Restrainedvengence has been with the Brinkerhoffs so long he is part of the family.
Although not worthy of Hall of Fame consideration, the old warhorse has more than earned his keep, with a bankroll of $708,182 in this his fifth year of racing, never running where he could be claimed and holding his own in graded stakes company.
He has eight wins, four seconds and three thirds in 30 starts but no graded victories. He has won on turf, dirt and synthetic, sprinting at 6 1/2 furlongs and routing at 1 1/8 miles, but his niche is going a mile on turf.
Perhaps his best performance was a second by a head in the City of Hope Mile (G2) at Santa Anita on Oct. 5, 2019, although his third in the Shoemaker Mile (G1) last out at Santa Anita on May 31 was not too shabby.
On Sunday, closing day at Santa Anita, the venerable cash cow for trainer Val Brinkerhoff, his wife and valued assistant, Kelly, who owns the six-year-old gelding along with Bobby Grayson Jr., seems ideally spotted to win the American Stakes (G3) for 3-year-olds and up at a mile on turf.
“He came out of the Shoemaker really well, ate everything up, breezed four furlongs in 48-flat last Friday and galloped out nice,” said Brinkerhoff, himself a former jockey who turns 65 on Oct. 19. “He’s ready to fire one of his better races, hopefully.
“I thought he ran well in the Shoemaker, but it was a tough spot. He had an accident at the barn that caused me to scratch him a race before the Shoemaker, and that set him back, but I think we’ve got him as good as we can get him right now.
“This is his best shot to win a graded race, but he’s been right there in other graded stakes. Whatever you ask him to do, he tries to do it for you.”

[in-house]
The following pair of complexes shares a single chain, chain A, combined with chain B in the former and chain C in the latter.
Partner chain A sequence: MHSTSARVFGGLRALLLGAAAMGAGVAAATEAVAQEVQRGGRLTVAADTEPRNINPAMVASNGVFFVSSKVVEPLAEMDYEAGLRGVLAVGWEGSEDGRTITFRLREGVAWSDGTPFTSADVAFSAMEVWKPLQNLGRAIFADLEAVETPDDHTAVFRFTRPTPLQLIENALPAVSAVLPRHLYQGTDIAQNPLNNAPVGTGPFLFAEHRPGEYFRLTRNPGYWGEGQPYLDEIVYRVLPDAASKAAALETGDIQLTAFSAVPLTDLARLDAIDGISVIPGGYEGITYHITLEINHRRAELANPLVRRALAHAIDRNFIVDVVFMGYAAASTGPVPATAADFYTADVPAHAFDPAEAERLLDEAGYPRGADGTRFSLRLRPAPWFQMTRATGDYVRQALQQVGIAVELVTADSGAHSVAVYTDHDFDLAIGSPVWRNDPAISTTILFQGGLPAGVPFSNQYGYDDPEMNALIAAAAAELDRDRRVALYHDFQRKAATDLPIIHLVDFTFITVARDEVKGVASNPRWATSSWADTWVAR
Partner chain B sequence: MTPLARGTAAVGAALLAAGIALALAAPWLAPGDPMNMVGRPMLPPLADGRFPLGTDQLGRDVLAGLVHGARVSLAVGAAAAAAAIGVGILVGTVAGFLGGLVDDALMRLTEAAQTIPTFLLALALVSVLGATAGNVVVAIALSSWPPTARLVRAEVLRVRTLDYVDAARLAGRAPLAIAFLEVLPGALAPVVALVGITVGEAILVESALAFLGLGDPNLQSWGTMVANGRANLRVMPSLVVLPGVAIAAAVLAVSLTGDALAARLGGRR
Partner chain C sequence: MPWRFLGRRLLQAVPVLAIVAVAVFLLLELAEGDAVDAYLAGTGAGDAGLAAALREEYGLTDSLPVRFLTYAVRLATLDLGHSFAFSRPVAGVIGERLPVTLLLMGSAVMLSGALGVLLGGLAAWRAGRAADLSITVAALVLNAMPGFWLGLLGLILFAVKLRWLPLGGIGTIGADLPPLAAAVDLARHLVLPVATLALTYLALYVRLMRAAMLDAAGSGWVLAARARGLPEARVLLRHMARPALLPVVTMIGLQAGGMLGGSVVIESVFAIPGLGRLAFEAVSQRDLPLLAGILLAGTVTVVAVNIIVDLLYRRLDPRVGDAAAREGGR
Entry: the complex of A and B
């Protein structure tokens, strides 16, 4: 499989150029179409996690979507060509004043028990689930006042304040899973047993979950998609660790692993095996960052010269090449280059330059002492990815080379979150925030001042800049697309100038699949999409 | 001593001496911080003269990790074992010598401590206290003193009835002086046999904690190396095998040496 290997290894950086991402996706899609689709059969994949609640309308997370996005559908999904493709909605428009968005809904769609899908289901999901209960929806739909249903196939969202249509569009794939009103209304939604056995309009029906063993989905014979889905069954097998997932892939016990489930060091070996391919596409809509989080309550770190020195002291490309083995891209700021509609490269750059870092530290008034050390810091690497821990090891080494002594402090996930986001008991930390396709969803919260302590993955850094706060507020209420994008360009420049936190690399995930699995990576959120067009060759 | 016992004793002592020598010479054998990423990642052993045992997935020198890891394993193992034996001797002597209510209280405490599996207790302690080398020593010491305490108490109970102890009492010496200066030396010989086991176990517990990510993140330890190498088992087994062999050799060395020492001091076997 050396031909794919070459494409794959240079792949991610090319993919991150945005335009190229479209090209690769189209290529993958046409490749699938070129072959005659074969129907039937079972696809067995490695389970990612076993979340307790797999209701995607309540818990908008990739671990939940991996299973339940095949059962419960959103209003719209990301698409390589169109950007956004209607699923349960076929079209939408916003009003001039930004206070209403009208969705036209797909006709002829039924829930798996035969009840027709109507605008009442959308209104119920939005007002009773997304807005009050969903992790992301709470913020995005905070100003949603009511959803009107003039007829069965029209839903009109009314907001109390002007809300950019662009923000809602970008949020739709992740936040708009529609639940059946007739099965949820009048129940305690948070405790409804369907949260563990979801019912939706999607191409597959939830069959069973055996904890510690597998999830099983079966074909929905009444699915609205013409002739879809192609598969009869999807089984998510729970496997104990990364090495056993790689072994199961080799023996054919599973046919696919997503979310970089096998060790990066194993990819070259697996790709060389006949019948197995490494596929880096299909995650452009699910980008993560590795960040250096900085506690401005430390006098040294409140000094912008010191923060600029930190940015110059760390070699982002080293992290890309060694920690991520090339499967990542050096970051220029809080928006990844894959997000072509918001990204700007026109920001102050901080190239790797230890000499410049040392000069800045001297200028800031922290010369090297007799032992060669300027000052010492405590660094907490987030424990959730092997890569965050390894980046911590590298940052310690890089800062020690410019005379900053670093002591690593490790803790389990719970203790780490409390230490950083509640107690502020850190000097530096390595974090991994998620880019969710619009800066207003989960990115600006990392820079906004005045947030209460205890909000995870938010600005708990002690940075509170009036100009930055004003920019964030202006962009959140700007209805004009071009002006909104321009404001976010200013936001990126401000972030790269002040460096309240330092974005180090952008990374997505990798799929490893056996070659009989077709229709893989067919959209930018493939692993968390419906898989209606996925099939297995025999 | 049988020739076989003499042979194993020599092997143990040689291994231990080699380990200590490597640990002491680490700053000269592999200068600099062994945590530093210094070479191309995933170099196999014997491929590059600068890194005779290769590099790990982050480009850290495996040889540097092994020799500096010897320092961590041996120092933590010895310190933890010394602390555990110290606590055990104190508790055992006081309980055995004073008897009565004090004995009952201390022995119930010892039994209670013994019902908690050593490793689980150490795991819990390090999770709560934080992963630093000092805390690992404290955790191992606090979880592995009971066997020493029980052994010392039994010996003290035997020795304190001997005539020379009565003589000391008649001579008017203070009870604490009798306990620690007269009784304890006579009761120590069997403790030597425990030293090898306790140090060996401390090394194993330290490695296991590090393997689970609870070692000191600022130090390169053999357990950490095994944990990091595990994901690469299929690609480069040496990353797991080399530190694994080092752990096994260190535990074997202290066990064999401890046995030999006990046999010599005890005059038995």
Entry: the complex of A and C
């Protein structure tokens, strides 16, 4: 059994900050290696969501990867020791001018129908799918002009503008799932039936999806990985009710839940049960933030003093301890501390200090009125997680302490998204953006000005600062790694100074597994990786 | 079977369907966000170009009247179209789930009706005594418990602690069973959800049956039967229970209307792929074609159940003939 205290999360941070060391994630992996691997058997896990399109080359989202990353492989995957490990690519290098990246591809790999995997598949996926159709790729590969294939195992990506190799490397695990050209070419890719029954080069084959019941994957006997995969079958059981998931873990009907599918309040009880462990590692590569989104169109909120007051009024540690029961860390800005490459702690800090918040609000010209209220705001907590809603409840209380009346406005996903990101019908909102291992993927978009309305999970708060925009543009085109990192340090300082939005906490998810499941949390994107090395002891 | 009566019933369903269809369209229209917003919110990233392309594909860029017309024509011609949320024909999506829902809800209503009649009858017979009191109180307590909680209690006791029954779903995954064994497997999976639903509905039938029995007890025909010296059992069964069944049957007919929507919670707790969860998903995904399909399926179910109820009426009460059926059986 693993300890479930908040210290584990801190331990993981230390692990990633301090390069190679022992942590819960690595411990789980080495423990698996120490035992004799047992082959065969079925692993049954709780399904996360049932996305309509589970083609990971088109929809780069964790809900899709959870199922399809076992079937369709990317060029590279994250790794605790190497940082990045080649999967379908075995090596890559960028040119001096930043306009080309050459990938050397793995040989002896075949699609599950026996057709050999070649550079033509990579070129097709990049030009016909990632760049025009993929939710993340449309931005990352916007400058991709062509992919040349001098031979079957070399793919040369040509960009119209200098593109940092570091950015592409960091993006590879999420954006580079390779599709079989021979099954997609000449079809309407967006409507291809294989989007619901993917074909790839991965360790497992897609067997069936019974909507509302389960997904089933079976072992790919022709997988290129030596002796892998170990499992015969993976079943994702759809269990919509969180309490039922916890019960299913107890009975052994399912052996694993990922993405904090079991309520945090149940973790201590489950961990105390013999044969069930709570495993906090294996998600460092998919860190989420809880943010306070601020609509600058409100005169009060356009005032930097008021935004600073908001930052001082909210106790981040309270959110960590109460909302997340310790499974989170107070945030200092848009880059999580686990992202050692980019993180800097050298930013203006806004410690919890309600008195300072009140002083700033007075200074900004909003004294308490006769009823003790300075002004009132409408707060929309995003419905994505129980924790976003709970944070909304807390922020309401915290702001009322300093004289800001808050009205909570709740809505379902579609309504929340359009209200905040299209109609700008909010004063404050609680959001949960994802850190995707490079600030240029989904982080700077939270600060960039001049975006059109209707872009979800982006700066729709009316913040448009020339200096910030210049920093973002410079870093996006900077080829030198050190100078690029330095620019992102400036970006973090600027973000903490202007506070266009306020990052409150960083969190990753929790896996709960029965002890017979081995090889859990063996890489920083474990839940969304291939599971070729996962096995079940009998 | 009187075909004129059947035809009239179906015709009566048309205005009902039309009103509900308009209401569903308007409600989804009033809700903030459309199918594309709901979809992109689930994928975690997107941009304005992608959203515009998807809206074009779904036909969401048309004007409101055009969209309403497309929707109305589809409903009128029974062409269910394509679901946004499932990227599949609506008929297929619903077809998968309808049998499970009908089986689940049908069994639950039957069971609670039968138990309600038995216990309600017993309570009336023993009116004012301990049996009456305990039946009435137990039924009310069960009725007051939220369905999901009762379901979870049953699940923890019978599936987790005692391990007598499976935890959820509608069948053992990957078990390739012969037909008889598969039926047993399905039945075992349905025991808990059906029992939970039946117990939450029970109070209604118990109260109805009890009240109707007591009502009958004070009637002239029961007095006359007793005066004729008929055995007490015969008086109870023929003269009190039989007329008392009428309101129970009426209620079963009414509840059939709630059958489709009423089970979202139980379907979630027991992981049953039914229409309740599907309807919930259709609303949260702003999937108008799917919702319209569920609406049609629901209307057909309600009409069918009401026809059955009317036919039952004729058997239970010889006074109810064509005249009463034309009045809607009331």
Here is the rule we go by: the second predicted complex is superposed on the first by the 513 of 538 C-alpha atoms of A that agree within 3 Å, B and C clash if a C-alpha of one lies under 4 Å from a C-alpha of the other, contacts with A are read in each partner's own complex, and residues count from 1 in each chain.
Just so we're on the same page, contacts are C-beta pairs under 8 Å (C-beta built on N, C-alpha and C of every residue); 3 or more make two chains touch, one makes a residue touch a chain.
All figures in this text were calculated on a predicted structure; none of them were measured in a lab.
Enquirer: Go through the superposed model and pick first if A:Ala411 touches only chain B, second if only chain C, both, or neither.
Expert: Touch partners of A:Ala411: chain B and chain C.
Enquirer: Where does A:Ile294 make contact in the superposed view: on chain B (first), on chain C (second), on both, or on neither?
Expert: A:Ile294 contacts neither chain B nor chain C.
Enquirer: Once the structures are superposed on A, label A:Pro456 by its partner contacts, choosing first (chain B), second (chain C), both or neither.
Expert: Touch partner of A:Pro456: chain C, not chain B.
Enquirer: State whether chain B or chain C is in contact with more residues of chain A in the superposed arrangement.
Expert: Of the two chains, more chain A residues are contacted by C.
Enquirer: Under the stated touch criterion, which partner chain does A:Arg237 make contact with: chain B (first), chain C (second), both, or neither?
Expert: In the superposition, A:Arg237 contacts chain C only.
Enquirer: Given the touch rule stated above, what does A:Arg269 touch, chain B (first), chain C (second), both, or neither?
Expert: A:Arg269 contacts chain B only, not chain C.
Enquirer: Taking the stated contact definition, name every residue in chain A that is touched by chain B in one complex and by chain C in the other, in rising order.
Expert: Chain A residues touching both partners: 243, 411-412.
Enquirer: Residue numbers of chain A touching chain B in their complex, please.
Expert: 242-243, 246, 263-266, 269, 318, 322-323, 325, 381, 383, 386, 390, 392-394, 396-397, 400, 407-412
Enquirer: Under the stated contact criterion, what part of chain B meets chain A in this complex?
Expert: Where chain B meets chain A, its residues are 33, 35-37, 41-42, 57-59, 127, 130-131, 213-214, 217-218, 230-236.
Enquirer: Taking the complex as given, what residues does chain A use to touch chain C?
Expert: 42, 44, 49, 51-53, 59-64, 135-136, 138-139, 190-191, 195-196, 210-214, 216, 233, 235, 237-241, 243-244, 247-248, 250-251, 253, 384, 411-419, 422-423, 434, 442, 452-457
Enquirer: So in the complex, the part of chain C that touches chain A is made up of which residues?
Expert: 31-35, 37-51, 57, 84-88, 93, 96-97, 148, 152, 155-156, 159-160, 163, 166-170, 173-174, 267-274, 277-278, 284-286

Brinkerhoff, an angular version of John Wayne, cowboy hat and all but without the swagger, is a hands-on horseman from dawn ’til dusk. He is the patriarch of a cohesive Mormon family that grew even closer 16 years ago after his two younger brothers, Brad, 45, and Todd, 42, died from amyotrophic lateral sclerosis (ALS), also known as Lou Gehrig’s disease.
Val Brinkerhoff is 5-feet-10 and was 118 pounds when he rode at bush tracks in Montana and his home state of Utah at outposts with far flung names like Beaver, Richfield, Marysvale, Kanab, Parowan, Ferron, Payson and Panguitch. He started riding when he was 14 in Fillmore, Utah, population circa 2,500.
Restrainedvengence, a Kentucky-bred son of the Giant’s Causeway stallion Hold Me Back out of Cupids Revenge, thus his name, has been with Brinkerhoff since he was a yearling.
“I bought him at the Keeneland September sale, had him from day one, broke him and everything,” Brinkerfhoff said. “He was a nice-looking colt when I saw him at the sale, although not fashionably bred, but they kept bidding on him and I think we gave $65,000 for him. The bloodstock agent came running over all excited and said, ‘Congratulations, you just bought the most expensive Hold Me Back ever sold.’
“It was pretty funny, but it turned out to be true. I’ve never had much trouble with the horse, although he’s a little bit below the best horses in the country. “But he’s paid his way and I’m sure thankful to have him.”